March 19, 1865: Bentonville

Rebel charge at Bentonville NC
Rebel Charge at Bentonville


Sherman’s men have run into Johnston’s troops outside of Bentonville, North Carolina.

March 19, 1865-1. 15 p. m.
Major-General SHERMAN,
Commanding-in-Chief, &c.:

GENERAL: One of General Logan’s scouts has just returned from the bridge across the Neuse before Goldsborough, and reports that the crossing is defended by a bridge-head held by the rebels. The Seventh Illinois Mounted Infantry is at the bridge before the works.

I am, general, very respectfully, your obedient servant,


Falling Creek Post-Office, March 19, 1865.
Major General W. B. HAZEN,
Commanding Second Division, Fifteenth Army Corps:

GENERAL: Major-General Slocum needs aid quick. You will please move your command back via Blackman Lee’s Store, and from there, under direction of General Slocum’s senior aide-de-camp, across to the Left Wing, reporting to Major-General Slocum.

I am, general, very respectfully, your obedient servant,
Assistant Adjutant-General.


Near Falling Creek Post-Office, N. C., March 19, 1865.
Assistant Adjutant-General, Fifteenth Army Corps:

MAJOR: I have the honor to report the following as the operations of this division for the day: Broke camp near Newton’s Grove Cross-Roads at 6 a. m. and moved in advance on Goldsborough road, the advance of the command arriving at Falling Creek Post-Office at 11. 30 a. m., at which point a halt was ordered to enable the First Brigade and a portion of the train which had become mired at and beyond Falling Creek to close up on the advance. It being reported that parties of the enemy were on our front, I sent one regiment of the SEcond Brigade our about a quarter of a mile on the Cox’s Bridge road, and one about three-quarters of a mile out on the Goldsborough road as advance guards. Pickets were also thrown out on the left flank. At about 2 p. m. I was ordered by Major-General Howard to cause one regiment to report to Lieutenant Colonel William E. Strong, of his staff, to go out to near Cox’s Bridge for the purpose of driving off the enemy’s picket post established at that point. I sent the Tent Iowa Volunteer Infantry, and am informed by one of my staff, who accompanied the regiment, they succeeded in developing about 250 rebel cavalry, and in driving them back to within a quarter of a mile of Cox’s Bridge. At 3 p. m. I was ordered to encamp the division, and while attending to the same, orders were received to send the remainder of the Second brigade to the support of the Tenth Iowa, which, learning it was in a dangerous position, I had ordered to fall back. This order, I was afterward informed, was countermanded by Major-General Logan. The entire brigade is no encamped near the First Division, at the Cox’s Bridge and Everettsville cross-roads. At about the same time that I was ordered to send the Second Brigade forward I was also ordered to change the position of the First Brigade, and accordingly moved it forward about 500 yards and placed it in position on the west side of and its right resting on the Cox’s Bridge road, fronting north; artillery immediately in rear of the center of the brigade. At 6. 30 p. m. I was ordered to send one regiment as an advance post out on the Goldsborough road, from which the regiment from the Second Brigade had been taken during the p. m., and to place one regiment in rear of the left of the remainder of the brigade covering approaches from the west, and at 8. 45 p. m. to send two companies out to Falling Creek bridge, one mile and a half from the picket post on the Goldsborough road, all of which was complied with. Distance marched, fifteen miles.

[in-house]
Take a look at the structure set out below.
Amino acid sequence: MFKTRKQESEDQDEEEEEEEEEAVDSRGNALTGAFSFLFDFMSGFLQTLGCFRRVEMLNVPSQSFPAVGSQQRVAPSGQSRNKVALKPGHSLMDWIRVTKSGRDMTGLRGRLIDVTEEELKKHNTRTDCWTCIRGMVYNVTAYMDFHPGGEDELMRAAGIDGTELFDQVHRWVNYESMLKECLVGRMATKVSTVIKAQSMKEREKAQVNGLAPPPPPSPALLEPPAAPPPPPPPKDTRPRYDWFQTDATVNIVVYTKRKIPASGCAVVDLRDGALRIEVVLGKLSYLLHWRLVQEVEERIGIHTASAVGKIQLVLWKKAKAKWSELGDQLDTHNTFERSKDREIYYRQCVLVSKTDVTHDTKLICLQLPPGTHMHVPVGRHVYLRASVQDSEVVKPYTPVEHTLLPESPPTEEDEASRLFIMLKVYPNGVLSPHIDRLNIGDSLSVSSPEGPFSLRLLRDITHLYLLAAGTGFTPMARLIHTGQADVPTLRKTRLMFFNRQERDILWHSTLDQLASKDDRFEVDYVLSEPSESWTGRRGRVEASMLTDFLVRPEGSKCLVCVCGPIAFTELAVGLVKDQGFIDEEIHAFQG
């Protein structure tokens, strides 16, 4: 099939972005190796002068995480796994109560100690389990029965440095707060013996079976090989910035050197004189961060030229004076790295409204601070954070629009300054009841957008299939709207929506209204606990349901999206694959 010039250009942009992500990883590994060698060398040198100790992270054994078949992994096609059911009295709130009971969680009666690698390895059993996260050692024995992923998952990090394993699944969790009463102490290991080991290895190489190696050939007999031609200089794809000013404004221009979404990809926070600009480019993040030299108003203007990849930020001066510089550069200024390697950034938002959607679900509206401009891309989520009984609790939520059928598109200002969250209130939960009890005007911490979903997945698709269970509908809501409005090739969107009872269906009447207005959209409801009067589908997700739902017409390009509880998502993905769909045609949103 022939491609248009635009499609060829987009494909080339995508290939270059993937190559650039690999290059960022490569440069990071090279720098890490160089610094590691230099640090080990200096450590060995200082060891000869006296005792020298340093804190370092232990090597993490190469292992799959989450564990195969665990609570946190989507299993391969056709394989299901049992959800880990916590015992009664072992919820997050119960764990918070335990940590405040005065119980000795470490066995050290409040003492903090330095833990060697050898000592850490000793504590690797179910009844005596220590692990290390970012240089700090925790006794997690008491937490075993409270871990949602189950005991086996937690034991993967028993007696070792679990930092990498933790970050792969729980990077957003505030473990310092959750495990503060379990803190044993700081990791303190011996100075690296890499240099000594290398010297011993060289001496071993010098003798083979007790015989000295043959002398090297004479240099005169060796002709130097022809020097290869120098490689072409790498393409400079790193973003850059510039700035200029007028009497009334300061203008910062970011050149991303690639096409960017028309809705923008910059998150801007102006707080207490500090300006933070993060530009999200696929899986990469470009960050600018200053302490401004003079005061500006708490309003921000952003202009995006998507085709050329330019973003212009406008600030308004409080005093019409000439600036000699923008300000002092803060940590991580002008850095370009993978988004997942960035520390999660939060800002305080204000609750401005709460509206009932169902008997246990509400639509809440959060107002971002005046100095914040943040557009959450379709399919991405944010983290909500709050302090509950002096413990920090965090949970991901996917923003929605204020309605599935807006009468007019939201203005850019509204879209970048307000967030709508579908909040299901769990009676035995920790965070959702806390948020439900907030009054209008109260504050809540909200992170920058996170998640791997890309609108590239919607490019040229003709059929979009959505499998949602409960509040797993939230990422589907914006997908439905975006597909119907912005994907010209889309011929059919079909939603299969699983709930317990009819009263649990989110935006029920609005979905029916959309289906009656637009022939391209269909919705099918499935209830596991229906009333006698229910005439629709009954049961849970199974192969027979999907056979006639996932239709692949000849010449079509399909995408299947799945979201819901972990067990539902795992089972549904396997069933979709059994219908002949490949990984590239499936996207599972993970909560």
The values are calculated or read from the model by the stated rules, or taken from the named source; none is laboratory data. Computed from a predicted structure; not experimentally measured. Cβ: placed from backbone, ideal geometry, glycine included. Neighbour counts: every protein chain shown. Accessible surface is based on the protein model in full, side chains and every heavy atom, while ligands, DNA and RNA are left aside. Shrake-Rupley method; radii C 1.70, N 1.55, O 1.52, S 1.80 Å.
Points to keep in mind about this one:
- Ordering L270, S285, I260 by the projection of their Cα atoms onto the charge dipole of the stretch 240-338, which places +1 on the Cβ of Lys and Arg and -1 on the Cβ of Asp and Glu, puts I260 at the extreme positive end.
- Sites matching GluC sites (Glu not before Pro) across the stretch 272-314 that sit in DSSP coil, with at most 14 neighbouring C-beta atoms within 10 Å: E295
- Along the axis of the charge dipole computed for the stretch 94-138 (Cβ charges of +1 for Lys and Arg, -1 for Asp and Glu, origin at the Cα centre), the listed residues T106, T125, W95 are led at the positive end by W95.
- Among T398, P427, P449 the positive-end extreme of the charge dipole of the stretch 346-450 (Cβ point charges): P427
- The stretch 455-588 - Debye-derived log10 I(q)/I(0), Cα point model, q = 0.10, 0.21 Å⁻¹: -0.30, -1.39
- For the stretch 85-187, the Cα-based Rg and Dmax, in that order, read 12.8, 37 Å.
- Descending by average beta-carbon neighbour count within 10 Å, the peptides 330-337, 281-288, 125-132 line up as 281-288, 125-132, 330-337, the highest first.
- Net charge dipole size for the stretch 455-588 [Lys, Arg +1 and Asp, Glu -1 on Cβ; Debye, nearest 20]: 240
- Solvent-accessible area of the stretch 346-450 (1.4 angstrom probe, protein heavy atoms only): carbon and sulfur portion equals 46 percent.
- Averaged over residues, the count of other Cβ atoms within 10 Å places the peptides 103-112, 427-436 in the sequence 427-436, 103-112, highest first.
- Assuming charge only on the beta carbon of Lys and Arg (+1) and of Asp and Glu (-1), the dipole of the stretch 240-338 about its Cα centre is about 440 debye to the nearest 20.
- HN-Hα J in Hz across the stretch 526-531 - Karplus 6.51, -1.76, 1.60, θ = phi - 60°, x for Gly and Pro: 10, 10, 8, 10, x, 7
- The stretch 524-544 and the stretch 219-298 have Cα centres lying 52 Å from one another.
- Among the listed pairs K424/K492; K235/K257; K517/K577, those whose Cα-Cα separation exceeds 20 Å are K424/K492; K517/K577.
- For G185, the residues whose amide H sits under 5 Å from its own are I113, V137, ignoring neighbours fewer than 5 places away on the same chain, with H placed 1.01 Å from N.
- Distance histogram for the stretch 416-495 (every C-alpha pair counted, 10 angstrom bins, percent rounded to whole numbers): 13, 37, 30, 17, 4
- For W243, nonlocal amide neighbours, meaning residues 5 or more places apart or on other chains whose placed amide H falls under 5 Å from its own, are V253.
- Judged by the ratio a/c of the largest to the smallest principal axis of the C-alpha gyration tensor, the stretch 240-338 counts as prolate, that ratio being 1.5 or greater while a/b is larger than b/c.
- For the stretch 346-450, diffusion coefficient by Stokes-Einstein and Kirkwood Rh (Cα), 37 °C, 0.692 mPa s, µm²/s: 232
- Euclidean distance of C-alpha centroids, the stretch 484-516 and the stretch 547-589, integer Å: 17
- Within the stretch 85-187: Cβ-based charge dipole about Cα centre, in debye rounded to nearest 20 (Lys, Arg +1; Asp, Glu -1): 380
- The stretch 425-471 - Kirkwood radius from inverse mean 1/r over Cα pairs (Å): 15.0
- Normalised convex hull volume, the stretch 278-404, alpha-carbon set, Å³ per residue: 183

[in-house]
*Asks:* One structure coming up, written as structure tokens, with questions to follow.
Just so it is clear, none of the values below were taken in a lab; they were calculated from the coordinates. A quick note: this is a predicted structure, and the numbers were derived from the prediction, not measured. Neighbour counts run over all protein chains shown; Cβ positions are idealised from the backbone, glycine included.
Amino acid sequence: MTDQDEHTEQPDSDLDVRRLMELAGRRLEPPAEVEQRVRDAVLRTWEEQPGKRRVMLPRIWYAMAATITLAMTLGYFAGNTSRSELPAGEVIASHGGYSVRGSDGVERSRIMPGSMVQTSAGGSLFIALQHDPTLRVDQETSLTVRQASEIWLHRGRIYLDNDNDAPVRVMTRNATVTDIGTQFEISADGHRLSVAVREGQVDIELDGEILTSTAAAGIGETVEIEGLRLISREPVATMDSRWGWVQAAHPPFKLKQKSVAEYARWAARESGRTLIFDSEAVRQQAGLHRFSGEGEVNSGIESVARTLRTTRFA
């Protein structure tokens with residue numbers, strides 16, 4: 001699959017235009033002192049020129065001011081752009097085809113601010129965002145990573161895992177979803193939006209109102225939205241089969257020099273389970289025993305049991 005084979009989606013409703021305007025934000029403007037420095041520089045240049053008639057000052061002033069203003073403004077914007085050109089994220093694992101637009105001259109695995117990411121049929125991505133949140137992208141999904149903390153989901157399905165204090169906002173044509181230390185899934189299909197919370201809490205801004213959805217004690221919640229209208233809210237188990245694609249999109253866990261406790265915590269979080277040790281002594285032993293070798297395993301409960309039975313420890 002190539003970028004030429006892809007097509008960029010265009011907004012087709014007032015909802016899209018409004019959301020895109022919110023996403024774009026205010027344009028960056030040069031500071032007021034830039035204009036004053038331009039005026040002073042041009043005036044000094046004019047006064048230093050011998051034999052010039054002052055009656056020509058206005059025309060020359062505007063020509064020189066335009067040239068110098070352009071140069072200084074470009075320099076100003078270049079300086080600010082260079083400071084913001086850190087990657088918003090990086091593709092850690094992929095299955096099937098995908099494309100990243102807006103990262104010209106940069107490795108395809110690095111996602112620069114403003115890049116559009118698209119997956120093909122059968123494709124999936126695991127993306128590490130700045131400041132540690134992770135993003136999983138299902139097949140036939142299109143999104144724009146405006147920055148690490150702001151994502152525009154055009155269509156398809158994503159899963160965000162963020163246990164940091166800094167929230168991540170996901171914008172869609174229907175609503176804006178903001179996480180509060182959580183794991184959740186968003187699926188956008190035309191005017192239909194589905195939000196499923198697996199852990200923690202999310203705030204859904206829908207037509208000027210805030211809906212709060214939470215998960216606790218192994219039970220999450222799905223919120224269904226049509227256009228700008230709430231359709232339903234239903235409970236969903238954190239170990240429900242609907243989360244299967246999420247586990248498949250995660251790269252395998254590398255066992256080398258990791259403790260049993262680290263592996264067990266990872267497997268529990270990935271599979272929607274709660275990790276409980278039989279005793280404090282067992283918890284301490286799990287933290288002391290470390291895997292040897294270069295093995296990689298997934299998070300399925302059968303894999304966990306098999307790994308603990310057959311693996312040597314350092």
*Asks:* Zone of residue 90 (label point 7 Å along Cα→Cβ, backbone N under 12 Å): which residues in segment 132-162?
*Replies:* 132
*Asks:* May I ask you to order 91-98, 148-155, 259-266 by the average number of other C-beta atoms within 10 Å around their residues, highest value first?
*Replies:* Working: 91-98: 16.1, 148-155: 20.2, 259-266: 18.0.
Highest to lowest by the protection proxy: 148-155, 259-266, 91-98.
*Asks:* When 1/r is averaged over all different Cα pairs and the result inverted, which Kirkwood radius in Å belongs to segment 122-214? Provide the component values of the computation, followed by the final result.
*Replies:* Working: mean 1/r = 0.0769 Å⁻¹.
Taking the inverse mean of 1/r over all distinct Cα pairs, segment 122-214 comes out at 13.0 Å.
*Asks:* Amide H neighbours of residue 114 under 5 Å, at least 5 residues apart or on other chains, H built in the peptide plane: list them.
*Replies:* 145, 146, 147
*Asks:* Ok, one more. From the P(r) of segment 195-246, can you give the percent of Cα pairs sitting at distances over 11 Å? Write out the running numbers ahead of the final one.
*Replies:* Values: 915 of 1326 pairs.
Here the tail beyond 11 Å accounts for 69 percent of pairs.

I am, major, very respectfully, your obedient servant,

Brevet Major-General.


Falling Creek Church, N. C., March 19, 1865.
Major-General BLAIR,
Commanding Seventeenth Army Corps:

GENERAL: General Slocum reports having met a very large force and thinks that Johnston’s whole army is confronting him. The general commanding directs that you do not move farther forward at present, but that you get your trains well closed up, so that you may put them under guard and be ready to move up, disencumbered of wagons, to the support of the Left Wing at a moment’s notice, and for that purpose you reconnoiter carefully all roads leading in this direction. The inclosed dispatch* is from General Sherman, who wishes you to send it by some careful, trustworthy person though to General Schofield, who is supposed to be advancing on Goldsborough, and is probably near Kinston.

Very respectfully, your obedient servant,
Assistant Adjutant-General.


Smith’s Chapel, N. C., March 19, 1865.

SIR: The inclosed dispatch has just been received from army headquarters, and General Blair has been directed by General Sherman to send it to General Schofield by some “careful, trustworthy person. ” Either this dispatch or the one sent you for General S. this evening is evidently of great importance. This one is probably a cipher dispatch.

In view of the probable importance of the dispatches, the major-general commanding orders that you send at as early an hour as practicable to-morrow a detachment of your command to Kinston and communicate with General Schofield at that point or wherever he may be, delivering these dispatches. We have received orders to move to Falling Creek at 3 a. m. to-morrow to the support of General Slocum, who reports that he has met a large force, and thinks the whole of Johnston’s army is confronting him.

Very respectfully, your obedient servant,
Assistant Adjutant-General.

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